The game was first published in 1943 under the name Hodowla zwierzątek (A Little Animal Farm). The goal of the game is to collect at least one rabbit, one sheep, one pig, one cow and one horse. Players acquire animals throwing the dice. The main challenge during the designing of the game was how to obtain various probabilities for various animals. The six-sided dice did not give such possibility. But Karol Borsuk, the author of the game, was a professor of geometry, so he knew that a solid like the dodecahedron existed, and also knew how to make it of cardboard.

The game was self-made by the author and his wife and was sold in Warsaw till July 1944. Unfortunately, during the Warsaw Uprising in 1944 all copies were destroyed. After the war, professor Borsuk returned to scientific work at the University of Warsaw and the game was forgotten. 40 years later, after the death of the author, a single copy was found outside of Warsaw and was returned to Borsuk's family. Since 1997 the game has been produced under the name Super Farmer (with plastic dice, of course) and is now distributed in about 20 countries.

However, as it turned out, some of the ideas from the 1943 edition were criticized by 21st-century players. This paper explains the reasons for these critiques, and shows how the rules of the game were changed to meet the players' expectations.

Michał Stajszczak was born in Warsaw, Poland in 1956. In 1979 he obtained a Master of Science degree from Warsaw University of Technology (Faculty of Technical Physics and Applied Mathematics). He has been working as a co-owner of a wholesale company since 1990, selling board games, puzzles, cards, etc. He has designed rules for about ten board games and has translated the rules of more than one hundred board games into Polish for various editors, including Hasbro and Ravensburger. Between the years 2007-2013 he cooperated with Polish quarterly magazine Świat Gier Planszowych (World of Board Games), publishing texts about the history of games.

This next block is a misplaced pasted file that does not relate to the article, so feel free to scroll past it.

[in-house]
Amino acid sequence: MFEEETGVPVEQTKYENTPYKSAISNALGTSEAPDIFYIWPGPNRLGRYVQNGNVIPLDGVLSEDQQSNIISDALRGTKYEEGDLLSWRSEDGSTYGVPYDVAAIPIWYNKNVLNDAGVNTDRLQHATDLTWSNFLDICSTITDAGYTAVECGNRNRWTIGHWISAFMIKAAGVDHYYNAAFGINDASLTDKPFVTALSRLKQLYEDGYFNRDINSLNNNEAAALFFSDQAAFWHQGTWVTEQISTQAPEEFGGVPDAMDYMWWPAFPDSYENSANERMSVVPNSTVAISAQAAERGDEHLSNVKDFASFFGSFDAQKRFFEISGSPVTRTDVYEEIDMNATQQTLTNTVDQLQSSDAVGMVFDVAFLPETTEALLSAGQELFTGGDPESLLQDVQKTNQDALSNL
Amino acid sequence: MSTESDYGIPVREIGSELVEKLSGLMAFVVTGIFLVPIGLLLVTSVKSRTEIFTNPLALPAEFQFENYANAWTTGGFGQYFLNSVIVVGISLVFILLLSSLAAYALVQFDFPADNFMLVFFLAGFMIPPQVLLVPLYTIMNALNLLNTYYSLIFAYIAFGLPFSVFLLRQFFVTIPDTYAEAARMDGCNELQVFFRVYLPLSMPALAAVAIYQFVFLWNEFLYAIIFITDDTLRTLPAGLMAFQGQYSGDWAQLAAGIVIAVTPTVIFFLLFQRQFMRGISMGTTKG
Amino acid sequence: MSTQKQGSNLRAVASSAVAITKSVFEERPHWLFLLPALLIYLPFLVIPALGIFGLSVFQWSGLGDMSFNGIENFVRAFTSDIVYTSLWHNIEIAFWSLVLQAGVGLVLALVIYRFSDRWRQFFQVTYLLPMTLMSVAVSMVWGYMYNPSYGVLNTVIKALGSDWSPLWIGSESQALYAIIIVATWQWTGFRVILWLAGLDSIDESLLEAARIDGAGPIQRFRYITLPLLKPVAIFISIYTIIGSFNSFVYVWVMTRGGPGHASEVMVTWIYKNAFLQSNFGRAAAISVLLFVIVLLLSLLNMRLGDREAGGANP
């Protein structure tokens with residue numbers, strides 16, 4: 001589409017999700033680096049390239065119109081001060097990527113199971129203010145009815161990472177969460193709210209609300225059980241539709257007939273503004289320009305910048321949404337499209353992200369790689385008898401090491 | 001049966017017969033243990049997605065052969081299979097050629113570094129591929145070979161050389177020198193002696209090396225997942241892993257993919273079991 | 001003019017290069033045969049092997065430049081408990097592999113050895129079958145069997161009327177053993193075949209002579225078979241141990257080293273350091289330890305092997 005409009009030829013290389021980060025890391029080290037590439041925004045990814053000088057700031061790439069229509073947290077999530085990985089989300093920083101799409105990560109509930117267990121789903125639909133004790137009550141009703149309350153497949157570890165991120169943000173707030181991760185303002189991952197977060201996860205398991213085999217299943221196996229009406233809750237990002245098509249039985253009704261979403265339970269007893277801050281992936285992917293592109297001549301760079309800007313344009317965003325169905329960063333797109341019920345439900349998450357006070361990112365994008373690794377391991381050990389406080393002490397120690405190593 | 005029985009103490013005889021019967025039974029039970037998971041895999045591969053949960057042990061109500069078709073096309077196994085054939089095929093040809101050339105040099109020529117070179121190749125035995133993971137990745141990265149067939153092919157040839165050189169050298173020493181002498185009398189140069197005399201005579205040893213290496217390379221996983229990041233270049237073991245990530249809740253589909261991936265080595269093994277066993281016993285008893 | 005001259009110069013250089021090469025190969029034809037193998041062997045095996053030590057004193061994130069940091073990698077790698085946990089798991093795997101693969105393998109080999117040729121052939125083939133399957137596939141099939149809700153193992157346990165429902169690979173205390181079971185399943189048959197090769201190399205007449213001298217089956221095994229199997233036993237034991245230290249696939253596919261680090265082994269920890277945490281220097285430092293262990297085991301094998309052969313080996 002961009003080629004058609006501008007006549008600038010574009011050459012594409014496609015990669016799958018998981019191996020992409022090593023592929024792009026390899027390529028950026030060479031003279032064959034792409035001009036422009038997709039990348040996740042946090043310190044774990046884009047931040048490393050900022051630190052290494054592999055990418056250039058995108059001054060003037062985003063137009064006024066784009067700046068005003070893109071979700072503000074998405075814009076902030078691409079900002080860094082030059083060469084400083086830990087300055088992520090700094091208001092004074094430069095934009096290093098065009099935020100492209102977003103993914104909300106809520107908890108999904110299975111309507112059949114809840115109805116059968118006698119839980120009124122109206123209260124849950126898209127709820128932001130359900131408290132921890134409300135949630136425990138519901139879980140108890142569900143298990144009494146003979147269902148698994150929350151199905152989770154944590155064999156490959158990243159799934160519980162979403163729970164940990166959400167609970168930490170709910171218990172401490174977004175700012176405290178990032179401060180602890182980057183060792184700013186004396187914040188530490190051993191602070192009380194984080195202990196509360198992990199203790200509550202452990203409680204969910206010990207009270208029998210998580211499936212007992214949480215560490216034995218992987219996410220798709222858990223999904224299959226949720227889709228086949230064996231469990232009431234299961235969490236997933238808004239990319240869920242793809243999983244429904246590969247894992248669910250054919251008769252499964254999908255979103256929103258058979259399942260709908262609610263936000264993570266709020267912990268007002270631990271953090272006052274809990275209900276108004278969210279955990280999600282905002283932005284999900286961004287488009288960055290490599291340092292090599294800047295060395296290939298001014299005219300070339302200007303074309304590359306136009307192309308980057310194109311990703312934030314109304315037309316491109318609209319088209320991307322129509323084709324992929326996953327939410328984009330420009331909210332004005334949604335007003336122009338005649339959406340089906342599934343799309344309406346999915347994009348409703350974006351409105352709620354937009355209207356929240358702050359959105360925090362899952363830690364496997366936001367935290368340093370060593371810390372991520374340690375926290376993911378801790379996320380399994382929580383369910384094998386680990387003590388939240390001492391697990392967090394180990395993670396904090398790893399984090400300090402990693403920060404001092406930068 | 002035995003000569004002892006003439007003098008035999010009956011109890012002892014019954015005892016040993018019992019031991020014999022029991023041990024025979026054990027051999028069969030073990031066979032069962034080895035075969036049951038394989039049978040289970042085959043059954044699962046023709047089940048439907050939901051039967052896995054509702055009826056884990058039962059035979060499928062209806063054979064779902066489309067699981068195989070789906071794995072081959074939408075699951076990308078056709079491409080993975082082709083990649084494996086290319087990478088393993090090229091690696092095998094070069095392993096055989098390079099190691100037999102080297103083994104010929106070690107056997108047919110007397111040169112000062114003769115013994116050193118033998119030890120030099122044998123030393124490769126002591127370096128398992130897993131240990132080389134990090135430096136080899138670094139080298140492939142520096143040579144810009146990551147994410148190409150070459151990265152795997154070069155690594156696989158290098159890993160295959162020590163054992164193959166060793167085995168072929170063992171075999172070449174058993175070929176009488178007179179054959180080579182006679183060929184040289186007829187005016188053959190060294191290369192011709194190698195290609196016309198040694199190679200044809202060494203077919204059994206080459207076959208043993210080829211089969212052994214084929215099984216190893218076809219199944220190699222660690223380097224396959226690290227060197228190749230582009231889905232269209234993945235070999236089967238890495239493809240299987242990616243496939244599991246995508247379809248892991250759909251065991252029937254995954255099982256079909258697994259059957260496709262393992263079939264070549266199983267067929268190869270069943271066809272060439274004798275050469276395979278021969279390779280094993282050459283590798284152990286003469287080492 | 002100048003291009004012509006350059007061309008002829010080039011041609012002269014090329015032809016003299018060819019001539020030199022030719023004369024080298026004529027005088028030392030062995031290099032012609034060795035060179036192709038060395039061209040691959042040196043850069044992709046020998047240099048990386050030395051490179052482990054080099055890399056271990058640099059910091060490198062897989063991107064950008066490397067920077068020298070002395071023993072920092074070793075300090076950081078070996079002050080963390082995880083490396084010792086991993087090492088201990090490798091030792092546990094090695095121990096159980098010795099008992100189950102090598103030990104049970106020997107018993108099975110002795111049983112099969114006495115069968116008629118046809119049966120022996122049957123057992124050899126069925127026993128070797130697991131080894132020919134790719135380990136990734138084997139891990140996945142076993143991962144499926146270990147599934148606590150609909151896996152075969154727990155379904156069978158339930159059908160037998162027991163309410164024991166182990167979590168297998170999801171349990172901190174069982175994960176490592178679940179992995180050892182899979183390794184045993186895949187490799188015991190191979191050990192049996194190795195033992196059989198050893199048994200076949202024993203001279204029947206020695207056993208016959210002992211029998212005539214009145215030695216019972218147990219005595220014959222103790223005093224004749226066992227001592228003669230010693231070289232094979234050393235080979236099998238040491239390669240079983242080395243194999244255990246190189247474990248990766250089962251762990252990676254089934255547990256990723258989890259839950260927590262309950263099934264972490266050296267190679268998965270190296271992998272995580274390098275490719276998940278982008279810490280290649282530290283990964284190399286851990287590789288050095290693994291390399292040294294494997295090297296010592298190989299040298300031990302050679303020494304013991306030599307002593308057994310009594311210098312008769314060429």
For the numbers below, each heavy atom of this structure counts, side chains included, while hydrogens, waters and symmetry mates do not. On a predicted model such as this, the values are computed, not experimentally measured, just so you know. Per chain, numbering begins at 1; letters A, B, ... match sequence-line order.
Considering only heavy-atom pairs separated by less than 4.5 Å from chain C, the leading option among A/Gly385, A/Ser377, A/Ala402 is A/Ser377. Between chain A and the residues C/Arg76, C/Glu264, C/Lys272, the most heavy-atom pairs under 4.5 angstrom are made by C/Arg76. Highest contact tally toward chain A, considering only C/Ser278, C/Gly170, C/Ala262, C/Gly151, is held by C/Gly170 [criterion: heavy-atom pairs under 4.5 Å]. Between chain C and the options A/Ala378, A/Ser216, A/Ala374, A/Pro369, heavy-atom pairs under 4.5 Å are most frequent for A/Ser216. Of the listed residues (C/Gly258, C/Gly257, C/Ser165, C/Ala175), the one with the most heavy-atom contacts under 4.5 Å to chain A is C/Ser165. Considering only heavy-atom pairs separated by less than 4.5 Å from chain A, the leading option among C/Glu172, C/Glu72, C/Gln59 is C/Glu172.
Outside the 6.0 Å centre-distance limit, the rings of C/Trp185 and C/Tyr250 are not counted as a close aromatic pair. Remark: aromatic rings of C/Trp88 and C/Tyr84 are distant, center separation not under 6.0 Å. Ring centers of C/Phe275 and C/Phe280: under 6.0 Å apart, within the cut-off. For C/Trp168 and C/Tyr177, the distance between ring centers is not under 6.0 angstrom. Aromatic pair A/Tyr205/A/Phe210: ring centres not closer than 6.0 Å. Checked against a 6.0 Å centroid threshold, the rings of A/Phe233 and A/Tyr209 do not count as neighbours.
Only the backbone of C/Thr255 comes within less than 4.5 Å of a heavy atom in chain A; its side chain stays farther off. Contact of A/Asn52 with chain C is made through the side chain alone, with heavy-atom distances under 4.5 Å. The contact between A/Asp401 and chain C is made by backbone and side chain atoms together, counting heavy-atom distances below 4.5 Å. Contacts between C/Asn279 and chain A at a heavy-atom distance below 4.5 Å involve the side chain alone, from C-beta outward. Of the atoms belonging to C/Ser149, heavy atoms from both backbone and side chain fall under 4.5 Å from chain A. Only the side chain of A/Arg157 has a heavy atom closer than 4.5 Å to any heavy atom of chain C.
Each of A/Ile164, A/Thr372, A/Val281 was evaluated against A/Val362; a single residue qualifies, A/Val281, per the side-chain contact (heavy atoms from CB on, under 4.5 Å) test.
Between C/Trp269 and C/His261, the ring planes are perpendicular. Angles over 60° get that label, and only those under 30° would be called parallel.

How dramatic is Snakes & Ladders?

Sat 20 May, 11:30 - 12:00 (KUA3, Room 4A.0.69)

Dr Jorge Nuno Silva (w/ Dr João Pedro Neto)
Assistant Professor of Mathematics, University of Lisbon, Portugal

What makes some abstract board games better than others, in the sense of providing a richer ludic experience? Four main parameters have been identified: depth, or  strategic complexity, is associated with the number of levels of play (games can be shallow as tic-tac-toe or deep as go); clarity tries to address the question of how easy it is, for the initiated player, to plan an attack or understand the dangers of a position (rithmomachia is opaque, chess is clear); decisiveness is the quality that allows substantial advantages to be turned into final victories in a natural way (in chess, if you are a queen ahead, you will win the game most of the time); finally, a game has drama if it is possible to overcome a difficult situation or balance a position by surprising strategic or tactical moves.

The authors tried to identify similar characteristics for some pure luck games. As they have shown in "Measuring Drama in Goose-like Games" (Board Game Studies Journal 10, 2016), drama can be extended to games of no skill in a natural way. They have now analysed some variants of Snakes & Ladders in a similar way and will share their results in this talk.

João Pedro Neto and Jorge Nuno Silva are professors at the University of Lisbon. Besides the joint paper cited in the abstract above, they authored the book Mathematical Games, Abstract Games published by Dover in 2013.